As politicians, leaders, investors, and businesses, but ultimately as people, China will wrestle with this challenge, but the world must also take heed of China’s water security. The dry throat of the Chinese dragon may induce more than just a sneeze.

About Author

Ben Abbs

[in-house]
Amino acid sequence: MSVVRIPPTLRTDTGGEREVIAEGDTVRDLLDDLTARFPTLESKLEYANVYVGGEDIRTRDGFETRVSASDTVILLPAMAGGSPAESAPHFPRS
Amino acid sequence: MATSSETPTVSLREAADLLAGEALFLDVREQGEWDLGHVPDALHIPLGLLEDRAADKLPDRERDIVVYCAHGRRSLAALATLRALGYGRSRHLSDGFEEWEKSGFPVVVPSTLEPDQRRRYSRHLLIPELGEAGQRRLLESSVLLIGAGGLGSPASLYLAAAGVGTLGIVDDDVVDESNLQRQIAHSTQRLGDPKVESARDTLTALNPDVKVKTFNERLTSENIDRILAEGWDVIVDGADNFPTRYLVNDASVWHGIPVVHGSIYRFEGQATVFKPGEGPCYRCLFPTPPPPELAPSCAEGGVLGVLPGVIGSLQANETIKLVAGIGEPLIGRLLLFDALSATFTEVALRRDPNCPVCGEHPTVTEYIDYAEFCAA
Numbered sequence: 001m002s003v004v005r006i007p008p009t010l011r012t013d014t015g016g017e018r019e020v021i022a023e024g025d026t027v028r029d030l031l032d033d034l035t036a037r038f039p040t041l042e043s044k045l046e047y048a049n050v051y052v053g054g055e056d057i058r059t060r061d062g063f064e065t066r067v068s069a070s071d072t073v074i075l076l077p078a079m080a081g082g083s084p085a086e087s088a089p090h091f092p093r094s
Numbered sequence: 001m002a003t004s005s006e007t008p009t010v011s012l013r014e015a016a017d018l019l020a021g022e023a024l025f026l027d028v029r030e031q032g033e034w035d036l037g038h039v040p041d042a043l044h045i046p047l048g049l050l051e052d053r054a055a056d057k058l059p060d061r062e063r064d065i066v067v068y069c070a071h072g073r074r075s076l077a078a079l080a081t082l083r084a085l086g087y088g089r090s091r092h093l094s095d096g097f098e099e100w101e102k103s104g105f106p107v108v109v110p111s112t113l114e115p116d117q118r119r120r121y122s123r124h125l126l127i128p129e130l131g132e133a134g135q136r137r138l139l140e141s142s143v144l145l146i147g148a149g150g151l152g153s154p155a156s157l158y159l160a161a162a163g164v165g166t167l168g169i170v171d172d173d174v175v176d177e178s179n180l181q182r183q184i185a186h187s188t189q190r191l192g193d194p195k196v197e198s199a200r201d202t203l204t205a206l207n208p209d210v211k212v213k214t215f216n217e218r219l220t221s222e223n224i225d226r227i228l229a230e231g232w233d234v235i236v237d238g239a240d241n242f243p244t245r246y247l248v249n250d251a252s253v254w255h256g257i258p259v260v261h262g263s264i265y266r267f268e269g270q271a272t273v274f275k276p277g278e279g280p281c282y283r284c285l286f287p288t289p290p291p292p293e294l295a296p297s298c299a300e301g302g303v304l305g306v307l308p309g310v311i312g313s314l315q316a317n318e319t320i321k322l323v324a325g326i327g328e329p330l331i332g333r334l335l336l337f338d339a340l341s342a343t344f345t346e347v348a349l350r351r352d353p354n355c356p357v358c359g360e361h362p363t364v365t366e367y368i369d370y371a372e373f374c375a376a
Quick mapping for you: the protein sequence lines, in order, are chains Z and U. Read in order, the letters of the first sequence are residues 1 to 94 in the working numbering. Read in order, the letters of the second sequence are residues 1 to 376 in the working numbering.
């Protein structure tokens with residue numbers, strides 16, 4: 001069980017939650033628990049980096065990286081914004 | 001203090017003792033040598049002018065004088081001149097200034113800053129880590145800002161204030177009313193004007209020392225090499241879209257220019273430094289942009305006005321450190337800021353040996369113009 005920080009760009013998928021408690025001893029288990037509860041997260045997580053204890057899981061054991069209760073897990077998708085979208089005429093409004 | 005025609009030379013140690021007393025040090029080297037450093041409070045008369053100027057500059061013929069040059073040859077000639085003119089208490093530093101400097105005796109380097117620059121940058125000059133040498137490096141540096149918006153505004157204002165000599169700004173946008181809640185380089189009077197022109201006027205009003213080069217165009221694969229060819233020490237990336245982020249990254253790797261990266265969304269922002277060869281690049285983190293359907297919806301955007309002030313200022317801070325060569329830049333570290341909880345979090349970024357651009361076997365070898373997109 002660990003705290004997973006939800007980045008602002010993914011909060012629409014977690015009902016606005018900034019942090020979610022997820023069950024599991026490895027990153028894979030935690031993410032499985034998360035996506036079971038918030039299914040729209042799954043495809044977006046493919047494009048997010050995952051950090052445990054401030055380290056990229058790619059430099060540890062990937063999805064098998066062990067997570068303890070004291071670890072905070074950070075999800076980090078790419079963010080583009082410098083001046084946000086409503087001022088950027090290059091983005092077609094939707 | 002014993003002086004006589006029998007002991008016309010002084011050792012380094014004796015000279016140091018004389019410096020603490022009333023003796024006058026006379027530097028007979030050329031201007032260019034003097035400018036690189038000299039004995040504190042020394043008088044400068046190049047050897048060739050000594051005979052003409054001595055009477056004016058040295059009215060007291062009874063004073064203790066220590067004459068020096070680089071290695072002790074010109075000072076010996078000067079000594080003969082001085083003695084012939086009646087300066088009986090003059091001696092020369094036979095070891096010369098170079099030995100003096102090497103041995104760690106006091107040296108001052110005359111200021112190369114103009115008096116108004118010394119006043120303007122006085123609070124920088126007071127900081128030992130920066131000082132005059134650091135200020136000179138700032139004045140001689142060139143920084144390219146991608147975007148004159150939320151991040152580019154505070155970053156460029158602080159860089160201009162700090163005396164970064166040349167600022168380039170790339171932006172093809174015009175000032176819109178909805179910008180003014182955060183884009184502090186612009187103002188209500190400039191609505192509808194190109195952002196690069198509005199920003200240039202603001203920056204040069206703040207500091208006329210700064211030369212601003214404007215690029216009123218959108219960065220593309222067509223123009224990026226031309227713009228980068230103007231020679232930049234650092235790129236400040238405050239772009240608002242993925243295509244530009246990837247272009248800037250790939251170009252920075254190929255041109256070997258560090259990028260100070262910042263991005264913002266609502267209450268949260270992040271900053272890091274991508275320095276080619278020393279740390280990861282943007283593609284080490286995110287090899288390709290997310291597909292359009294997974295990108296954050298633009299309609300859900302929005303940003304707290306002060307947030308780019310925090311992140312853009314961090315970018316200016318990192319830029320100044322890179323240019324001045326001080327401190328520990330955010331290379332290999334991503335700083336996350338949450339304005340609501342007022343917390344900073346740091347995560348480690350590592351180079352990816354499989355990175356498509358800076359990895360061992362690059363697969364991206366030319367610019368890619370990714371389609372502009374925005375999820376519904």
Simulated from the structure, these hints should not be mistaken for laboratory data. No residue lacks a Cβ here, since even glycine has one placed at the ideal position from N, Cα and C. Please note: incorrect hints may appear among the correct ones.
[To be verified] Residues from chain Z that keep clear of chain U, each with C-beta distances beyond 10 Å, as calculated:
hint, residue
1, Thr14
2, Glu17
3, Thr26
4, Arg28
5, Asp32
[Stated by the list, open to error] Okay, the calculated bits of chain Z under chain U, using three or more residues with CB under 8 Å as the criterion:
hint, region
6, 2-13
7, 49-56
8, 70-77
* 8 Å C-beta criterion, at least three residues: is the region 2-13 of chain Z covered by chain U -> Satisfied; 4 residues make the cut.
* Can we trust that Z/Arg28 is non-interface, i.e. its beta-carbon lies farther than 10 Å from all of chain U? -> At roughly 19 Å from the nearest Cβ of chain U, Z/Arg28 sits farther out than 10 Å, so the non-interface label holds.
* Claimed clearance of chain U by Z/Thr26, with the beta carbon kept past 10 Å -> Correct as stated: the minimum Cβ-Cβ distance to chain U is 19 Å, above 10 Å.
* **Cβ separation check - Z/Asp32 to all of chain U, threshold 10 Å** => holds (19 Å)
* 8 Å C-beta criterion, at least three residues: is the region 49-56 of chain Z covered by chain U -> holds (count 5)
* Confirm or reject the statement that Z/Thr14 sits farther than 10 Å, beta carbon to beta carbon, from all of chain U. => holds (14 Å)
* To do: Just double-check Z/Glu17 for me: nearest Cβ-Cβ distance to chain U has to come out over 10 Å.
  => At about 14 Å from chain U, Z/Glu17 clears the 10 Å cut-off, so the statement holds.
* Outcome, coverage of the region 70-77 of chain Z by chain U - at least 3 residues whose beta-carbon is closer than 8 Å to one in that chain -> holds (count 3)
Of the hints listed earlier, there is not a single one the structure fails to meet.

Ben Abbs works for Bacchus Capital Advisers, a specialist investment and merchant bank focused on natural resources. Bacchus Capital has particular expertise in uranium and the nuclear sector, including the creation and listing of Yellow Cake, a unique uranium vehicle, on the London Stock Exchange in 2018. Prior to joining Bacchus Capital, Ben worked in several roles across the UK Government, including economic crisis management in COBR at the Cabinet Office, economic intervention at UK Government Investments, and investment and trade policy as Private Secretary to the Director-General for Investment at the Department of International Trade. He has also worked for the European Centre for Energy and Resource Security and written for several political media organisations.